Skullcap supplements are the more popular method of consumption, since they come in standardized doses, and are available at herbal shops, some health food stores, and online retailers.
American skullcap products have a similar composition, but the relative proportions of the individual constituents varies widely, so it is important to read the labels carefully.
- Where to buySpecialized health stores, Online herb stores
Skullcap is easy to cultivate. It can be grown from seed or by root division, and thrives in sunny, temperate climates.
Skullcap needs plenty of moisture and grows better in well-drained soil.
It should be planted in early spring, after the last frost.
Skullcap plants need to be spaced about 6 - 12 inches (15 - 30 cm) apart.
It's important to strip away any weeds while skullcap is growing, and to trim the plant as it begins to flower.
- Life cyclePerennial
- Harvested partsLeaves
- Light requirementsFull sun
- Growing habitatTemperate climates
- Plant spacing average0.3 m (0.98 ft)
- Propagation techniquesDivisions
Skullcap is a leafy perennial herb that grows to around two feet (60 cm) in height. Skullcap is characterized by its bluish, violet, or pink flowers that are be cap-like in appearance.
Skullcap (Scutellaria lateriflora) is a member of the Lamiaceae or mint family, which comprises about 7,200 species of flowering plants, many of them important aromatic herbs, such as lemon balm (Melissa officinalis), sage (Salvia officinalis), rosemary (Rosmarinus officinalis), peppermint (Mentha x piperita), and basil (Ocimum basilicum).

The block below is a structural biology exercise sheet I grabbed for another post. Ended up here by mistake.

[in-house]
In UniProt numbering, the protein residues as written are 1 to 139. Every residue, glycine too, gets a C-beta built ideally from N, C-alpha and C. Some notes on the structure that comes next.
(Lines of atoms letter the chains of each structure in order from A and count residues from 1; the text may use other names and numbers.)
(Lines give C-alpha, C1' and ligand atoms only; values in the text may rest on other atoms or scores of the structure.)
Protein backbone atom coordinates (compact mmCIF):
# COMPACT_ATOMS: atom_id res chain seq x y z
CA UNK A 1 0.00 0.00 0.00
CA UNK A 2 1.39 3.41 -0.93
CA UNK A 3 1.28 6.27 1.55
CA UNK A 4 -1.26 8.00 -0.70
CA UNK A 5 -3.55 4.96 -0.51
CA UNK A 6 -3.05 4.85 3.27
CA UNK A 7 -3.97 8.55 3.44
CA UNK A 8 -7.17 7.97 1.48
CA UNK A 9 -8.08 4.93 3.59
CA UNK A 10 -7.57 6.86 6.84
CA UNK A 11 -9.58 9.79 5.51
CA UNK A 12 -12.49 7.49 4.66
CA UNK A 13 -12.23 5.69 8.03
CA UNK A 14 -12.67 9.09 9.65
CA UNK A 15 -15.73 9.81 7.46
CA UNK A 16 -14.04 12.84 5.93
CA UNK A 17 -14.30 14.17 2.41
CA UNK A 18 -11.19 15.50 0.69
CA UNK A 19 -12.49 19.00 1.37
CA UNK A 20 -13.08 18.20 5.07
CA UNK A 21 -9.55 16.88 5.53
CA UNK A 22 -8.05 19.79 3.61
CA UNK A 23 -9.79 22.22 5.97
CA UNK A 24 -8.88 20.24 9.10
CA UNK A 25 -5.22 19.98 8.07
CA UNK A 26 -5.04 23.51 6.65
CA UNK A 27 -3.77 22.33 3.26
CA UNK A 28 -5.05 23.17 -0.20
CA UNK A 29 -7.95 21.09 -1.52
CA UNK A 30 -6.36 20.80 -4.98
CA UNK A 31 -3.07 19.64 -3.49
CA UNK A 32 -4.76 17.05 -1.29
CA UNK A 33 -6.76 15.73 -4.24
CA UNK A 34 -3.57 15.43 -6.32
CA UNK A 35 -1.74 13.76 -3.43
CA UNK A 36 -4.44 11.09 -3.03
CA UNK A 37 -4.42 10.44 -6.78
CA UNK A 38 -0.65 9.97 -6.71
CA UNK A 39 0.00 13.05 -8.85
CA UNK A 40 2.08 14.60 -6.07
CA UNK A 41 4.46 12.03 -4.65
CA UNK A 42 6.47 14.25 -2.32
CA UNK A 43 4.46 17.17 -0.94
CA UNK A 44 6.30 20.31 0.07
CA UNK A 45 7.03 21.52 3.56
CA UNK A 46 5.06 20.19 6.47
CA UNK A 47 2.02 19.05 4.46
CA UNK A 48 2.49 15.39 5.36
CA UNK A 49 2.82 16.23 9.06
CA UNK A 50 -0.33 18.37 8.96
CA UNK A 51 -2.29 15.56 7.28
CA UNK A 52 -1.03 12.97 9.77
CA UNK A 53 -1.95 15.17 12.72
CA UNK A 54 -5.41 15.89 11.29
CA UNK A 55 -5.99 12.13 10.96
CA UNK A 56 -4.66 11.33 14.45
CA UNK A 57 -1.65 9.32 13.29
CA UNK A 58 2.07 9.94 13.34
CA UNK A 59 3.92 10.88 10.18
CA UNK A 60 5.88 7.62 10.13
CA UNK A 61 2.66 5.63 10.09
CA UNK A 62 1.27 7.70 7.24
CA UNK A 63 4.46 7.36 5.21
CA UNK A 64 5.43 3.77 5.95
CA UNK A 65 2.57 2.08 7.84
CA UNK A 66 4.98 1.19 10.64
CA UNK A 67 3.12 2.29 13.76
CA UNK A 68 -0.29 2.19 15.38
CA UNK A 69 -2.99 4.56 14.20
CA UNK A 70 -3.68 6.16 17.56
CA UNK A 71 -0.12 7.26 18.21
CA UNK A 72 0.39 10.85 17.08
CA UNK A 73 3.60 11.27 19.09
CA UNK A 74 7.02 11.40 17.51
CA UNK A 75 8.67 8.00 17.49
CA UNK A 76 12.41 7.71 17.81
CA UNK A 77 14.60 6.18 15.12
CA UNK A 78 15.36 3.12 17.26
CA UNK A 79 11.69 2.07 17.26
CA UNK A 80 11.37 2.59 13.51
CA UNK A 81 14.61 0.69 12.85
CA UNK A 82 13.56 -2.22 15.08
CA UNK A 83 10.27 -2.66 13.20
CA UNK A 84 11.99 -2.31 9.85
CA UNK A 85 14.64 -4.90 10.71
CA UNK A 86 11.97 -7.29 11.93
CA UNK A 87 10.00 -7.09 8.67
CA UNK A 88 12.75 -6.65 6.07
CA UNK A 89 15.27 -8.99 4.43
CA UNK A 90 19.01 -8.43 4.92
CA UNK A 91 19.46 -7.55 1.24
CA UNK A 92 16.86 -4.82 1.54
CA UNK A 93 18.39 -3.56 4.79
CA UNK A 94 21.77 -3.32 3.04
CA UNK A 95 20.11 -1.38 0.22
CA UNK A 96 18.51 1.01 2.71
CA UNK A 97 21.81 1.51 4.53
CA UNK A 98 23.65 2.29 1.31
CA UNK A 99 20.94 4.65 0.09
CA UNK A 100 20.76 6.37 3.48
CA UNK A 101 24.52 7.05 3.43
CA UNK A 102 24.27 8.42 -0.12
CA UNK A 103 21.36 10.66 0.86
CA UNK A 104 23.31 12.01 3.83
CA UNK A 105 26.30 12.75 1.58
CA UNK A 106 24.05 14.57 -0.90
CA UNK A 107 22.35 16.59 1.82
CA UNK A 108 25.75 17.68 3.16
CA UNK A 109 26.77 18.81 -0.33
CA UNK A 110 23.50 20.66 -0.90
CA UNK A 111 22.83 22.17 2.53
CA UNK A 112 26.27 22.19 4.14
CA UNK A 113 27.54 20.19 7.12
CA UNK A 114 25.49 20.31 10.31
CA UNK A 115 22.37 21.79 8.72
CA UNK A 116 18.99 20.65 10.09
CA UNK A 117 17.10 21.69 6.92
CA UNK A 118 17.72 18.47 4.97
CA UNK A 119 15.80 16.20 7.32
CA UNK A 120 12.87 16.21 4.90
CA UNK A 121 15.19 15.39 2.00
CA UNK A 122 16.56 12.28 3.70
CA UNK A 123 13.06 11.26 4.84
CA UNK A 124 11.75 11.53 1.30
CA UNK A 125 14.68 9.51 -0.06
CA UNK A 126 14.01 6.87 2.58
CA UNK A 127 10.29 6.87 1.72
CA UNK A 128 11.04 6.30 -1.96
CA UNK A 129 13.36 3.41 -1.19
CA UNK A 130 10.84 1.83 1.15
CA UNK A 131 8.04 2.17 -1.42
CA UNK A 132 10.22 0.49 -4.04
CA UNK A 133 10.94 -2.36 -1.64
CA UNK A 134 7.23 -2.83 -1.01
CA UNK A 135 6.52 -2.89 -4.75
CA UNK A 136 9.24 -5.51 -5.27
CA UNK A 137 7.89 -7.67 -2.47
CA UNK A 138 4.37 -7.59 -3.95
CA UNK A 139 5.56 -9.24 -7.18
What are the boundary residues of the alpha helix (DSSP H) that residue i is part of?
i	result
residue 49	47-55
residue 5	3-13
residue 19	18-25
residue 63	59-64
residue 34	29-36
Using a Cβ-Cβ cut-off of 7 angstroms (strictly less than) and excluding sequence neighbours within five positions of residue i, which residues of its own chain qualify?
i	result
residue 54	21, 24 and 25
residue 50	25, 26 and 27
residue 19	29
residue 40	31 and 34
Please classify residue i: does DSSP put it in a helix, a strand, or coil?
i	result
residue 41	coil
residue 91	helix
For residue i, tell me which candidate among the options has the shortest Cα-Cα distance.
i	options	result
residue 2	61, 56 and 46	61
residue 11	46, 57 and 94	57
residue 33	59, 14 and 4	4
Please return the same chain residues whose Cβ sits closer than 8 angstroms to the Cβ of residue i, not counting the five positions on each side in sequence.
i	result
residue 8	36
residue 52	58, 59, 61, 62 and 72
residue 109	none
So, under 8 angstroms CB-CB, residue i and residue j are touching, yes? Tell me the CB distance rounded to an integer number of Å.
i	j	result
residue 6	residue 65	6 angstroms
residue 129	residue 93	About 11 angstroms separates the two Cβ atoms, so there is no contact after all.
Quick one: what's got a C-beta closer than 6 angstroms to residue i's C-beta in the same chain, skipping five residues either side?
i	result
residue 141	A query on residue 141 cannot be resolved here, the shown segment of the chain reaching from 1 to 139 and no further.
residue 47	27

Related Species of Skullcap
The Scutellaria genus contains 45 species. There are not known varieties or subspecies of S. lateriflora. However, it has several close relatives, including well-known species such as Baical skullcap (S. baicalensis) and marsh skullcap (S. galericulata),which can be found in North America, Asia, and Europe. Both of these species offer similar sedative and therapeutic properties to American skullcap.
The history of skullcap has deep roots in Native American culture as a healing herb for menstrual problems. The Cherokee people originally used skullcap to stimulate menstruation, relieve breast pain, and encourage expulsion of the placenta.
In the 19th century, skullcap was used by herbalists as a remedy for "hysteria," epilepsy, convulsions, rabies, and mental illnesses because of its sedative effects on the nervous system. Recently, skullcap has also been used in weaning patients from barbiturates and tranquilizers.
ACCORDING TO FOLKLORE, SKULLCAP WAS COMMONLY CALLED "MAD DOG" BECAUSE IT WAS WIDELY USED IN AMERICA DURING THE 19TH CENTURY TO TREAT RABIES.
According to the Saskatchewan Ministry of Agriculture, very little data has been published on skullcap production. In the U.S., yields of over 2,000 pounds per acre of dried American Skullcap have been reported. The selling price for skullcap was approximately $7 USD per pound in 2009. There has not been sufficient data published about other species of Scutellaria.
- Flavor and Fragance Journal, Volatile constituents of Scutellaria lateriflora L, 1988
- Government of Canada, Saskatchewan Ministry of Agriculture: Skullcap
- USDA Plants Database, Classification: Scutellaria L.
- Encyclopedia of Herbal Medicine, p. 135
- Medicinal Plants of the World, p. 295
- Phytotherapy Research, American Skullcap (Scutellaria lateriflora): a randomised, double-blind placebo-controlled crossover study of its effects on mood in healthy volunteers, 2014
- University of Maryland Medical Center, Skullcap
- Phytomedicine, Characterization of chemical ingredients and anticonvulsant activity of American skullcap (Scutellaria lateriflora), 2009